Microbial warfare against viruses

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Science  02 Mar 2018:
Vol. 359, Issue 6379, pp. 993
DOI: 10.1126/science.aas9430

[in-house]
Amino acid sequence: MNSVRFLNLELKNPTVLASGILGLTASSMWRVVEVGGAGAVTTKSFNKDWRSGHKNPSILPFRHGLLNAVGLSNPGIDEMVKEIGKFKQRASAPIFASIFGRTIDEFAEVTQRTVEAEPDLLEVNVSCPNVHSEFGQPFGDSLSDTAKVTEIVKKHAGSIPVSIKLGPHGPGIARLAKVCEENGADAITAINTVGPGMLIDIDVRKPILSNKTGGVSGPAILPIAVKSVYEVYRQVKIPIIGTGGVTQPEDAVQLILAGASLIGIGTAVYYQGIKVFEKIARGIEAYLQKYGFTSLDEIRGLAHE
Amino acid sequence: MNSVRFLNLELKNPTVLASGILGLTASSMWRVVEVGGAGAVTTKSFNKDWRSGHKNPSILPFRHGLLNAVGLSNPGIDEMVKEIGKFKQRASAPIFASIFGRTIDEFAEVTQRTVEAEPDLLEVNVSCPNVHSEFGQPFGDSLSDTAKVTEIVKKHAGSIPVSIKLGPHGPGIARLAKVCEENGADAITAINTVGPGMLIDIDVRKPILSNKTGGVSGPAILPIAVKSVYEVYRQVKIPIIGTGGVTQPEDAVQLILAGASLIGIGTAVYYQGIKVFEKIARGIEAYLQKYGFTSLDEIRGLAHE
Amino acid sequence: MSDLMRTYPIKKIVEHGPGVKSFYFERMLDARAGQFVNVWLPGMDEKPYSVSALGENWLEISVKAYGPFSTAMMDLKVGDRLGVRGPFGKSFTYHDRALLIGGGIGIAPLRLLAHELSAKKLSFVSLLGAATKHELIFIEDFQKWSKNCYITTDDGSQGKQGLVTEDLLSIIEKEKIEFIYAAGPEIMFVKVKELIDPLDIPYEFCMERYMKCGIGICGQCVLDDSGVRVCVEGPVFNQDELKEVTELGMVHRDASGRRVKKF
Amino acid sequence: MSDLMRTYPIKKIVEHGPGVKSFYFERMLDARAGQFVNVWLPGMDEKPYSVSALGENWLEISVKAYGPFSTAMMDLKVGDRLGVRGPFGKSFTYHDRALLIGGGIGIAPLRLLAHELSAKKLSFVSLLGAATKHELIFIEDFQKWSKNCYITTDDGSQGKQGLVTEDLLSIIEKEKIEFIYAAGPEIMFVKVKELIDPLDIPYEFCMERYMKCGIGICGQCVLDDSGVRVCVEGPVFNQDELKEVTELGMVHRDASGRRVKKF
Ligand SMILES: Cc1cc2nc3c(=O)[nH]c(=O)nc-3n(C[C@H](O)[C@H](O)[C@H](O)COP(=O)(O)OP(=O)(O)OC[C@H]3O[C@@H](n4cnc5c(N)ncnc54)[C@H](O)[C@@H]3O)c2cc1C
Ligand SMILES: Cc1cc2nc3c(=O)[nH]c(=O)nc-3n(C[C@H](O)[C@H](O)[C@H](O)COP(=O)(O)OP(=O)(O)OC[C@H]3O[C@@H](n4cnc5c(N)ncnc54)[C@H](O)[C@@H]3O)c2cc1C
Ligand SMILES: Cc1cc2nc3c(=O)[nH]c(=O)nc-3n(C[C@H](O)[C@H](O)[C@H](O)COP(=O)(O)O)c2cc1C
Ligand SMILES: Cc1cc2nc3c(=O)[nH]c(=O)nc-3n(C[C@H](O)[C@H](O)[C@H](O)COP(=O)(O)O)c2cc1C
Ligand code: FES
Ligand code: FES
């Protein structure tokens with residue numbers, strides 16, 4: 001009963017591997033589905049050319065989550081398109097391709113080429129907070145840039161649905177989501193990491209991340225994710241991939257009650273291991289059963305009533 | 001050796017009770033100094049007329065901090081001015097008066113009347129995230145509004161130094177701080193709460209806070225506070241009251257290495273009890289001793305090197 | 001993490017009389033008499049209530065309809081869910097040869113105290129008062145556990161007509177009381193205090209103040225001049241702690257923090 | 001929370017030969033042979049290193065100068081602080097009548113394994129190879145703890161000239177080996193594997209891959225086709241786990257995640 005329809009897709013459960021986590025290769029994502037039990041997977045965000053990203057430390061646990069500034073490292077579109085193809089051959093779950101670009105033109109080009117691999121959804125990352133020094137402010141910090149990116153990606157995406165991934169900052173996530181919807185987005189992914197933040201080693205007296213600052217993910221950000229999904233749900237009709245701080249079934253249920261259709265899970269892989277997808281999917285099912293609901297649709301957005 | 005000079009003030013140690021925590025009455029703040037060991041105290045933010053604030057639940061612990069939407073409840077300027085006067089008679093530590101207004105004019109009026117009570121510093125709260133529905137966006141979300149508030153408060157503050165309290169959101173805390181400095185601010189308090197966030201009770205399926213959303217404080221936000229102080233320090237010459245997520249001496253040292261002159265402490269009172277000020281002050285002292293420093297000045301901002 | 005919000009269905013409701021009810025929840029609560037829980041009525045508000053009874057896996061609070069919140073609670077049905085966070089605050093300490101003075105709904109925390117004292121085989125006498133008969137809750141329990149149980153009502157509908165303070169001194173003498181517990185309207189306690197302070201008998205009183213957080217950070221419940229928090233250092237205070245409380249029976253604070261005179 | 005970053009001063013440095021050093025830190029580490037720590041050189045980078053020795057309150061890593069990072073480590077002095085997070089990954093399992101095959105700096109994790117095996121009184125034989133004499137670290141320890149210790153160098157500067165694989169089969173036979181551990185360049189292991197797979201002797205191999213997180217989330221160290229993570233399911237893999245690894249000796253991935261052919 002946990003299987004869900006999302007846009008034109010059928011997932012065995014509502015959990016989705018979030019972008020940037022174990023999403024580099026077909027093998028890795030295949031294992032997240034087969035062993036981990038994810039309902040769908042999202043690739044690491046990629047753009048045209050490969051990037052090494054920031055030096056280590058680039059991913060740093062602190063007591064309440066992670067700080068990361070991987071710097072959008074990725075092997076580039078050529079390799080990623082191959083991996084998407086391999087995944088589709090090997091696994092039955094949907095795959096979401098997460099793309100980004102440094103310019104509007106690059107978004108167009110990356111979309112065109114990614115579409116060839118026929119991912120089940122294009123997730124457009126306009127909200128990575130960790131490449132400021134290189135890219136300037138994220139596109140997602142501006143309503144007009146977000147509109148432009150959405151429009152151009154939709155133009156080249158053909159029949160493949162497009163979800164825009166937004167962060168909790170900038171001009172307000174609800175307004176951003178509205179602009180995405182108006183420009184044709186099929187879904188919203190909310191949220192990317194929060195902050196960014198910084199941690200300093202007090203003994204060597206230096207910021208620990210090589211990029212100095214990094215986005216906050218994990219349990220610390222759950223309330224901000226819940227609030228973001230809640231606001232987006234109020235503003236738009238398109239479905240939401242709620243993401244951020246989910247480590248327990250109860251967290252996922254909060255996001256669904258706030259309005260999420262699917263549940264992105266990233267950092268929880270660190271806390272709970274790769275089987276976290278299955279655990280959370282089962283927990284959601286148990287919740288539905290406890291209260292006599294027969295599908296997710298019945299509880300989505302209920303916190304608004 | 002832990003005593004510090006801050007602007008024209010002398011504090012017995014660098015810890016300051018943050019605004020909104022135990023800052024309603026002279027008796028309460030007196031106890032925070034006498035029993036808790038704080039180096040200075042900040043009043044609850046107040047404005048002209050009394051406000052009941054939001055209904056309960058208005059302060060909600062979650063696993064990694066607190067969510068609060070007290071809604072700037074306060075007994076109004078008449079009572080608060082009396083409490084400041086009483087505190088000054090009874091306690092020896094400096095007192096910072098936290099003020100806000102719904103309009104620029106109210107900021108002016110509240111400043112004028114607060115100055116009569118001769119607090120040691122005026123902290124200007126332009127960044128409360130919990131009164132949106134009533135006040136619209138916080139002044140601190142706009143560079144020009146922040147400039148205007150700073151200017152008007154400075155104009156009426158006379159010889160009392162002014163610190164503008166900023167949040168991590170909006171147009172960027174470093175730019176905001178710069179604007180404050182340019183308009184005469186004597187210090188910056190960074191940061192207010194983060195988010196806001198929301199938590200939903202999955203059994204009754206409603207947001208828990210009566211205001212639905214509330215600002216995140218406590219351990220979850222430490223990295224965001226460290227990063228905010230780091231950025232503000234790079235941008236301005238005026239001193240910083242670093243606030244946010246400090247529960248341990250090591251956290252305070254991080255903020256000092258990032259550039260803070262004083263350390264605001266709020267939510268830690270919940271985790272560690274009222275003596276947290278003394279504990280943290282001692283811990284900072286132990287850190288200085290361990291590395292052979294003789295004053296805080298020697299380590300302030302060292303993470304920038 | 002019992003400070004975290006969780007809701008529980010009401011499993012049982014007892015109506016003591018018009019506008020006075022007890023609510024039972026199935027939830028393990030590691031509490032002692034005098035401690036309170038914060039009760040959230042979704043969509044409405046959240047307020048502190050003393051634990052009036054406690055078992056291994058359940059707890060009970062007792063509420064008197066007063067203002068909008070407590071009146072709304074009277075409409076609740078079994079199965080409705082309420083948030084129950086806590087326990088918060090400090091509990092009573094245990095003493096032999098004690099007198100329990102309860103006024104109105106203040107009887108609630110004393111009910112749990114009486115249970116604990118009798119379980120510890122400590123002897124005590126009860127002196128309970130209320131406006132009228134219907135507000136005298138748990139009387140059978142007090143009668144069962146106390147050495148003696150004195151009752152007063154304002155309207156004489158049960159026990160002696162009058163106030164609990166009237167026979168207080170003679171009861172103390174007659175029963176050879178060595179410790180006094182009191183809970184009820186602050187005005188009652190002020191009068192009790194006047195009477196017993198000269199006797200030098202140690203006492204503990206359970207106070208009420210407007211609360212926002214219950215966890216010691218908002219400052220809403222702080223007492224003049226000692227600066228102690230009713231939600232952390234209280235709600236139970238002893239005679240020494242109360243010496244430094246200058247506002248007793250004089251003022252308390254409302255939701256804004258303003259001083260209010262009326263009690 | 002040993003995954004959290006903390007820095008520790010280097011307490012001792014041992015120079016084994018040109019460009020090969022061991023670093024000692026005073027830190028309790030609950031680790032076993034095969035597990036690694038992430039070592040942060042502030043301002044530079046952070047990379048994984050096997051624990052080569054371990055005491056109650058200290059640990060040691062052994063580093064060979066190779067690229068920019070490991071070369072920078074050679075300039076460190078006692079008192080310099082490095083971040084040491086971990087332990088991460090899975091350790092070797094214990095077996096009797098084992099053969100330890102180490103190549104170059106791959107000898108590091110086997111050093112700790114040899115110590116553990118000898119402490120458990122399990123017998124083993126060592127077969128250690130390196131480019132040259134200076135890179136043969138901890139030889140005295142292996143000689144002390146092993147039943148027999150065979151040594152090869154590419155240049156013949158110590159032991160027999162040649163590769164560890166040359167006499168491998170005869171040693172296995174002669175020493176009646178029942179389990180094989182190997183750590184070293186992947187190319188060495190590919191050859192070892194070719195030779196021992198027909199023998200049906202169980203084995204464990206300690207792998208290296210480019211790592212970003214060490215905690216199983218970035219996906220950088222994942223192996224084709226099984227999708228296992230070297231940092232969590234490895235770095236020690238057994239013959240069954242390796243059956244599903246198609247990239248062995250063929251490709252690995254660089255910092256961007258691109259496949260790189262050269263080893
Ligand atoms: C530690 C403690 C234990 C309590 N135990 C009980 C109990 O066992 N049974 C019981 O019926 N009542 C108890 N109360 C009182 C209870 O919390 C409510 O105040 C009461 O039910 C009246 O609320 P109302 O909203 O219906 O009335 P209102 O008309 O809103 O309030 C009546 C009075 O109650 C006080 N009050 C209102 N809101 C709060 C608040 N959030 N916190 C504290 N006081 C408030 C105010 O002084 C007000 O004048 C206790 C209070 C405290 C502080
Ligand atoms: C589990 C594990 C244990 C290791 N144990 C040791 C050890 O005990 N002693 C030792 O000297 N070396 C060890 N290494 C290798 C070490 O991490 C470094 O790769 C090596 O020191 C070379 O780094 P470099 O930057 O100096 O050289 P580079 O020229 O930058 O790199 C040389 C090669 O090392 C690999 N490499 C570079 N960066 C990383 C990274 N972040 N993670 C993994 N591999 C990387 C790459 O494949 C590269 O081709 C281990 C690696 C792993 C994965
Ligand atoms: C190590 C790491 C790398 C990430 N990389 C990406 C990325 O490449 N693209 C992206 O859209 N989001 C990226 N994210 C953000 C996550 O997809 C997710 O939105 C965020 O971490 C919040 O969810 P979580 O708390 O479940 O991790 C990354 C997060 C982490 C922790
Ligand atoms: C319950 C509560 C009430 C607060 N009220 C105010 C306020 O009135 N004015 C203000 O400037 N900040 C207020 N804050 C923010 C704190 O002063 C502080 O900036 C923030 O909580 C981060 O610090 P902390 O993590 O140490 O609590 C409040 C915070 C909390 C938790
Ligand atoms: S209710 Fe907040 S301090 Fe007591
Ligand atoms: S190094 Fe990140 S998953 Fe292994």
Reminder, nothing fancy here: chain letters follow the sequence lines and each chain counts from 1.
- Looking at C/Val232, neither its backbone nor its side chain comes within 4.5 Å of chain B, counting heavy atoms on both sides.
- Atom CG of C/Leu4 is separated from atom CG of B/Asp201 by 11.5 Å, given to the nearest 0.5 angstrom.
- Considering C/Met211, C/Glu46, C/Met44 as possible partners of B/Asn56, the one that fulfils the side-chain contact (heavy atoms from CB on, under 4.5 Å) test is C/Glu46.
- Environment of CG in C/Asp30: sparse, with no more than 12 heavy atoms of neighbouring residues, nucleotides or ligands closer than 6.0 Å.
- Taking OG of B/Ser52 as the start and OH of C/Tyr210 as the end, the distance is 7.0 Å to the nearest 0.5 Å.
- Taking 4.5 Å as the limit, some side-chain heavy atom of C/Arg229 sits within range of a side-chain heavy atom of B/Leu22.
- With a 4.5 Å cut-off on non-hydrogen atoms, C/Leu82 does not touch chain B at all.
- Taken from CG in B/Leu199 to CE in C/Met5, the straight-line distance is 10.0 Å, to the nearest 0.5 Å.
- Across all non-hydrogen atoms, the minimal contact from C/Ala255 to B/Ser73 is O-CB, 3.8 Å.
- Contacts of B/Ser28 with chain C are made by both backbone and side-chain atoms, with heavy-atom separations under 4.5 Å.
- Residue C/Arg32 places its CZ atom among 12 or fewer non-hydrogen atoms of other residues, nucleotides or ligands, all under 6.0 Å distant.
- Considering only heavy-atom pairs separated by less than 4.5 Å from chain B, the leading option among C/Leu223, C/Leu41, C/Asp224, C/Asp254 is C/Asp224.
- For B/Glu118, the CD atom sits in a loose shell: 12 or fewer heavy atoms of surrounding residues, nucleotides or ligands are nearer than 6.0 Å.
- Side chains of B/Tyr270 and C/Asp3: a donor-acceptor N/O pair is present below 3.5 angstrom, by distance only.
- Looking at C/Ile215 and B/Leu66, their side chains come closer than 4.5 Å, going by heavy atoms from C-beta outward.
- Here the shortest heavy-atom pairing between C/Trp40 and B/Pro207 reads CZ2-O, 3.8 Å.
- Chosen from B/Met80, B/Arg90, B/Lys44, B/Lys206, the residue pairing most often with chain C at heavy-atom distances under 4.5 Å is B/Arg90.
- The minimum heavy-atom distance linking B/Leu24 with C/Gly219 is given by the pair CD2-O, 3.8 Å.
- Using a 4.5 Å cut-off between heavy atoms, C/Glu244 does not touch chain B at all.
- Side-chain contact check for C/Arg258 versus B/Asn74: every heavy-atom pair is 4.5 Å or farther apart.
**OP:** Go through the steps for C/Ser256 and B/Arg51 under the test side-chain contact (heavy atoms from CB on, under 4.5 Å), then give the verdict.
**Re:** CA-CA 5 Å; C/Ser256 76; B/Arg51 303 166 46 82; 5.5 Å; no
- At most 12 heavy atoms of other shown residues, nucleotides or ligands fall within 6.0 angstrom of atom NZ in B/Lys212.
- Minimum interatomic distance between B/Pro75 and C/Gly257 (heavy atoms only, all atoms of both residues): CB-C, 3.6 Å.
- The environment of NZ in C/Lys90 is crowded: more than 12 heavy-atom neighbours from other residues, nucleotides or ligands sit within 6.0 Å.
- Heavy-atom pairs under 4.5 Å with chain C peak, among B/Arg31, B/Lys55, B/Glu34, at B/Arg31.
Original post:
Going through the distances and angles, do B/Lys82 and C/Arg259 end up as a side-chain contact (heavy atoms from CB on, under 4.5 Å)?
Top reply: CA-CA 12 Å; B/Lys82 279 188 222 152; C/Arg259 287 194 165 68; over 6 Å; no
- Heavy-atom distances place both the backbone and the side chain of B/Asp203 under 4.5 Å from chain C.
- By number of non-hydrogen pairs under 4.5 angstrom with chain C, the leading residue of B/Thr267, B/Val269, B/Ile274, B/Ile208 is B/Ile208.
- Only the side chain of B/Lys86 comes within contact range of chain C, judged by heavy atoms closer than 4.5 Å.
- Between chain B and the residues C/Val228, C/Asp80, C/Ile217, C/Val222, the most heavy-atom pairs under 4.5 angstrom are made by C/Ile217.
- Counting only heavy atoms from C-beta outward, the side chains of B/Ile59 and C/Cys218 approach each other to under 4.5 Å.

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Immune systems are divided into two types: innate and adaptive immunity. The innate immune system consists of components that are present in host organisms before infection by a pathogen and provides the first line of defense. For example, the restriction endonuclease system in prokaryotes degrades invader DNA (1). The adaptive immune system is activated after infection and provides immunological memory and long-lasting protection against the same pathogen. The CRISPR system captures a small piece of foreign DNA as a memory and recognizes and cleaves the same foreign DNA on reexposure (2), serving as adaptive immunity in prokaryotes. On page 1008 of this issue, Doron et al. (3) unveil previously unknown immune systems in bacteria and archaea against invading genetic elements, including plasmid DNA and bacteriophages (viruses that infect bacteria). Some of these systems may provide powerful tools for biomedical research and biotechnology, like restriction endonucleases and CRISPR.